January 11th, last leg of the walk on the Little Orme
The winter months offer an opportunity to see places as they really are. Stripped of leaves and layers of foliage, without the colourful distractions of wildflowers and the movements of their insect visitors to draw the eyes, this is the time to appreciate the structure, the bare bones of a place. Walking back down from the top of the Little Orme, not only are the views spectacular, but you also see more clearly the layout of the reserve. On this scale you get a sense of how the patchwork of differing habitats mesh together and create the synergy that has resulted in the rich variety of wildlife that make this such a special place.
The sun, lower in the sky now reveals the true contours of a landscape. You realise a surface which til now has appeared smooth and rounded, is actually textured with a multitude of dips and hollows that are revealed by back-light and shadows.
There is some farming activity on the lower slopes of the reserve where small fields are cultivated for crops and pastureland is enclosed with hedges or small walls and used for grazing sheep. Sheep are also free to range and graze other parts of the reserve too; they are an effective way to keep areas of grass shorn and clear of too much shrubbery and are aided and abetted in their mission by a healthy population of rabbits.
Despite what I wrote earlier about their being less distractions from the bigger picture of a place, I should probably know myself better and accept that I will always find distractions in the details whatever the season. Like a leafless, gnarly, knobbly hawthorn twig softened with lichen and highlighted by the sun.
Going back down Rabbit Hill was trickier than going up as it turned out, as it was quite wet and muddy and slippery underfoot. There was a dunnock so intent on feeding himself before going to roost for the night that he allowed me quite close before shooting off into cover. He wasn’t presenting his best side now, but its good to see things from a different angle now and then. I felt sorry for my disturbance, I know how hard it is for birds to find enough food to keep them going in the winter, especially through the cold nights.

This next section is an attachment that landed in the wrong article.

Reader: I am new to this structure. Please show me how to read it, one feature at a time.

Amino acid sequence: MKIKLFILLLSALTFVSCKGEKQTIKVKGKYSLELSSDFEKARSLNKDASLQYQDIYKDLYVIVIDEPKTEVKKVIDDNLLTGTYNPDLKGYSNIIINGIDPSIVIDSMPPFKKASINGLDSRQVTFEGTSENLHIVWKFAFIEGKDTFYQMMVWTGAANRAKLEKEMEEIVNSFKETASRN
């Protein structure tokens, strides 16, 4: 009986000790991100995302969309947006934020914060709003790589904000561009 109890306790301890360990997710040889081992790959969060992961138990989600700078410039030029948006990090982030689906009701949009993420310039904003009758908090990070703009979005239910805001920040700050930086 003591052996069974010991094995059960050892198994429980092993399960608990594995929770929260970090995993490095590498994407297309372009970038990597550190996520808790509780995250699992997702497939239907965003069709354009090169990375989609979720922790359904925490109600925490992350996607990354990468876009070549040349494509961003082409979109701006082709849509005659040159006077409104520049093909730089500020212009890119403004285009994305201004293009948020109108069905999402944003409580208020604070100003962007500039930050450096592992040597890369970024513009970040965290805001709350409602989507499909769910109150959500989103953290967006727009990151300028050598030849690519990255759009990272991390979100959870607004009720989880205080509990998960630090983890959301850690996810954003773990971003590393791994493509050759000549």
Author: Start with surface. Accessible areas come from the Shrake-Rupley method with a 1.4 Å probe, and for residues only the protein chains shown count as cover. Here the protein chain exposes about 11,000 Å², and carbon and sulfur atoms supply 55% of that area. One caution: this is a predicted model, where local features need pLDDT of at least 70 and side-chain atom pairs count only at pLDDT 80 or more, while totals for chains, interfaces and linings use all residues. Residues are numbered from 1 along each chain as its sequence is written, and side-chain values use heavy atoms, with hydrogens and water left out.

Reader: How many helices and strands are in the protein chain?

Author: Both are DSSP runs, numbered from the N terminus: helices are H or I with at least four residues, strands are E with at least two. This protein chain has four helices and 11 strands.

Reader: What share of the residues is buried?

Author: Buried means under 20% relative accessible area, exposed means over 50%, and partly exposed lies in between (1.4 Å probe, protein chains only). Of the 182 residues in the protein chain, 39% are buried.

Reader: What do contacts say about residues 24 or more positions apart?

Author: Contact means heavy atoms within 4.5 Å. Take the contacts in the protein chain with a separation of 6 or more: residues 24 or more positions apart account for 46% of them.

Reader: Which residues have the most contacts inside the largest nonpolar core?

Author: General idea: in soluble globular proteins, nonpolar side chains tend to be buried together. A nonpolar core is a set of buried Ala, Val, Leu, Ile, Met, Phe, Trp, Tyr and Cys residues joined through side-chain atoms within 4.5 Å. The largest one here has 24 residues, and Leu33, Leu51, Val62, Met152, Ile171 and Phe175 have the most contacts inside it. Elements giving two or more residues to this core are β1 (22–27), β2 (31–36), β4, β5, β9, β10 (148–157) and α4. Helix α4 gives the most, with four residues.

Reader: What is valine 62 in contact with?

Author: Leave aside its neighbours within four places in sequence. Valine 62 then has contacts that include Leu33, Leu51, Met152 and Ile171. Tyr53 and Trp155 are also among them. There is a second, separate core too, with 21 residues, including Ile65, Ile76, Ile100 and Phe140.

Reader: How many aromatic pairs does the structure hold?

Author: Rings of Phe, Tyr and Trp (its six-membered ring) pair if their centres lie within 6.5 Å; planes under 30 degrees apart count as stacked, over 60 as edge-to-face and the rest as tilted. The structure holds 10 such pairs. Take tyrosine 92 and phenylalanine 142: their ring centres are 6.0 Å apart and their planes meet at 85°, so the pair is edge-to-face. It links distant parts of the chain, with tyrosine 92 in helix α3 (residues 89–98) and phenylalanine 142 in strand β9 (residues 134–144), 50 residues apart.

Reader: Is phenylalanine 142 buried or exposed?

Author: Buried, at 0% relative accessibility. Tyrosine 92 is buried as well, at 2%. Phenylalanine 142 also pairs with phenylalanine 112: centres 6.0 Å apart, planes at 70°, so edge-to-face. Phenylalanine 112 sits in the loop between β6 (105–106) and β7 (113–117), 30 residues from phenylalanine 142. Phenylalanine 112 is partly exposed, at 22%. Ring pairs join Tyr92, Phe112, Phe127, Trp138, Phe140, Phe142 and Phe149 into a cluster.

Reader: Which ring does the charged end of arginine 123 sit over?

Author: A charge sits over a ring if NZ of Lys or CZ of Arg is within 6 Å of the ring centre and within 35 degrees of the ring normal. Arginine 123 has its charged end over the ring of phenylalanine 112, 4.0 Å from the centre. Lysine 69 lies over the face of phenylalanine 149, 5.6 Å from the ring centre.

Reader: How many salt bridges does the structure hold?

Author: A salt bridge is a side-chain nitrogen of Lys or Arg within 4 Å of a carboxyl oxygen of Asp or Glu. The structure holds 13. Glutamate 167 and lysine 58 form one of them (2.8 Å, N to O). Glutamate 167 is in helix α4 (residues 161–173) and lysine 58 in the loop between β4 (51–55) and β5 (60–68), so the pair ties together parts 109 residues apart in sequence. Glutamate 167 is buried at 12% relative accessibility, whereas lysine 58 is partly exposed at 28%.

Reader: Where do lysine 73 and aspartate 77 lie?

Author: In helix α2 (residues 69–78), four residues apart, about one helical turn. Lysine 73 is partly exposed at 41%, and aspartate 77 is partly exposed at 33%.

At the bottom the Robin was still about too, adopting the classic hunting method of the species by perching up off the ground and scanning the ground beneath them, then pouncing down onto potential prey.
I had the thought of finishing off my walk along the quarried-out gorge that ends, or begins near one of the entrances to the reserve, but to my surprise much of its floor was covered by a pool of water several inches deep. My reason for wanting to go that way was to see if there may be a Song Thrush hunting for snails along the rocky wall there. Last year I spotted a pair nesting there and watched them as they hammered a succession of snails into palatable food for their young ones.
Instead I carried along in the same direction, but around the top towards the large, sculptural lump of limestone that always puts me in mind of the Sugar Loaf Mountain, but in miniature of course. Sort of, with a bit of imagination? Regardless, I love that rock and have often wondered how it ended up there.
I am referring to the Sugar-loaf Mountain in Rio de Janeiro here, not the one in Wales that has the same name!
One last thing, are there really green leaf buds on this tree already?